Romantic subplot between an elf and a dwarf? Partial check. I wouldn’t mind, except I feel like this takes away some of the impact of the friendship between Legolas and Gimli. (Or maybe they were totally in love – have you read the Appendices? Oh man, there’s an entire section about Legolas sailing away with Gimli so they’d be together forever in paradise.) When they become friends in Lord of the Rings it is a BIG DEAL because Gimli is the son of one of the dwarves in the Company and Legolas’ dad was the Elvenking who held those dwarves hostage. The two put aside their differences and it’s really quite sweet. It’s not such a big deal if it’s been done before.
Romantic subplot that comes out of nowhere? No check at all! I HATE LOVE STORIES LIKE THIS AND UNFORTUNATELY MOST OF THEM ARE LIKE THIS. Tauriel/Kili makes no sense. Evidently it doesn’t matter that one’s the captive and the other the captor as long as they find each other hot. They’re immediately drawn to one another and later Tauriel saves Kili’s life several times, even though she barely knows him – they’ve talked for five minutes about, of all things, stones and starlight. What kind of relationship is that?
It’s very unrealistic and totally not my type. I hate Insta-Romance. I want tension, the will-they-won’t-they, and slowly building chemistry. Don’t give me this nonsense where characters pledge their undying love two pages (or two minutes of screentime) after meeting one another. People can be attracted to others quickly, but love takes a while.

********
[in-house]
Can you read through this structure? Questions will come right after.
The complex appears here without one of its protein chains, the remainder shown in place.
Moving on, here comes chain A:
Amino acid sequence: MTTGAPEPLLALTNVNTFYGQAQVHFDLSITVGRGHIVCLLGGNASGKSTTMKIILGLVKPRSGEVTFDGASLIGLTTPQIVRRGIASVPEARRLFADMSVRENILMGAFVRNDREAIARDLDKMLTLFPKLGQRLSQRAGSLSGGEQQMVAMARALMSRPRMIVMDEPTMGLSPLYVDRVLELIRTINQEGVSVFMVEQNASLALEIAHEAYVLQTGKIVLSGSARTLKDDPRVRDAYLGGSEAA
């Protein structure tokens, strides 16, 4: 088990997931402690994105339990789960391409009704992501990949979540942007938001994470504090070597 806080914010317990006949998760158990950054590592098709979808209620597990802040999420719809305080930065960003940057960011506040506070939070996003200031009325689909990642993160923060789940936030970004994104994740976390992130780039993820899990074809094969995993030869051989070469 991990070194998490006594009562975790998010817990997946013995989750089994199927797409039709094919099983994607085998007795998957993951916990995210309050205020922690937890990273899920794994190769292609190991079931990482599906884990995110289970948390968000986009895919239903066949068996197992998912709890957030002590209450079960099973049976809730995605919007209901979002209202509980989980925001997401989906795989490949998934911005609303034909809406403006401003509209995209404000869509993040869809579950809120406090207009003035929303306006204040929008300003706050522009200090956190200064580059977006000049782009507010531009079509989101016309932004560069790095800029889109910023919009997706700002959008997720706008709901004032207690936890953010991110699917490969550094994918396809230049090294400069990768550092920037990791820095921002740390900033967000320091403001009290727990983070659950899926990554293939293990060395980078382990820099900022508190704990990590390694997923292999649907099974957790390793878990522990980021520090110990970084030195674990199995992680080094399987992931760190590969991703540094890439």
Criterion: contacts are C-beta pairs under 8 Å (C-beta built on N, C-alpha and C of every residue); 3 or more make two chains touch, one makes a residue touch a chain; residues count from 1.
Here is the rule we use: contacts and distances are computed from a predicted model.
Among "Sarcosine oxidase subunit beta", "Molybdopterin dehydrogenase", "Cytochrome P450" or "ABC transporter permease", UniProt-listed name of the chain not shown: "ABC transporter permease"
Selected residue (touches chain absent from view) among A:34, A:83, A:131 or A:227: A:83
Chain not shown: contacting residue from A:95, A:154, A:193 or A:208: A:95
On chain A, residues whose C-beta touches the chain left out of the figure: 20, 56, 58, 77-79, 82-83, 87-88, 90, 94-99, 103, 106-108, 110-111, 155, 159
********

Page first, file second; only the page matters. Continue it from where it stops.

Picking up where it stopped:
Enough of Tauriel. My other big issue with The Desolation of Smaug is the action. There was too much of it! The film already suffered from the same problems The Two Towers had – it’s the middle of a story and definitely feels like it, with an abrupt beginning and no real conclusion – but the action only made it worse. There was lots of fire, explosions, and running around for no real reason. The Desolation of Smaug certainly hurtled towards a point, but no one got the point. And we won’t until next December, when There And Back Again comes out.
My brother didn’t think the CGI was very good. Maybe he’s right, but I didn’t notice that. I just noticed how much there was, and I didn’t like that. Lord of the Rings had CGI – Gollum is a great example, you’d never guess he wasn’t real – but it didn’t feel as obvious. Here, it seemed like everything was filmed in front of a green screen. Mirkwood, Dol Guldur, Orcs, Smaug’s lair. It seemed too slick, too whiz-bang-look-at-what-we-can-do-with-computers!
Additionally, some of the stunts were ridiculous. Yes, I get that elves are super duper athletic beings of glitter and awesomeness. But what was with Legolas jumping from dwarf to dwarf when they were in the barrels? And Bombur’s spinning sword attack? (I have to admit, that was neat in terms of character development – they made him more than just The Fat One. But it was overkill in a movie already stuffed with flips and turns and throwing knives.) It seemed like all the scenes I wanted to last longer (Thranduil in Mirkwood) were cut short and everything I didn’t care for (Gandalf and Radagast in Dol Guldur) was extended.
The Desolation of Smaug is not without merits. I enjoyed the scenes with Beorn (although I wish there were more), thought Bard was cast well, was impressed with Smaug’s menace and majesty, and LOVED the appearance of Lake-town. Overall, though, it’s rather tedious. I usually sit enthralled and completely content while watching Lord of the Rings, but I fidgeted all throughout The Desolation of Smaug. And that wasn’t from all the sugary, fruity candy I consumed during the first fifteen minutes.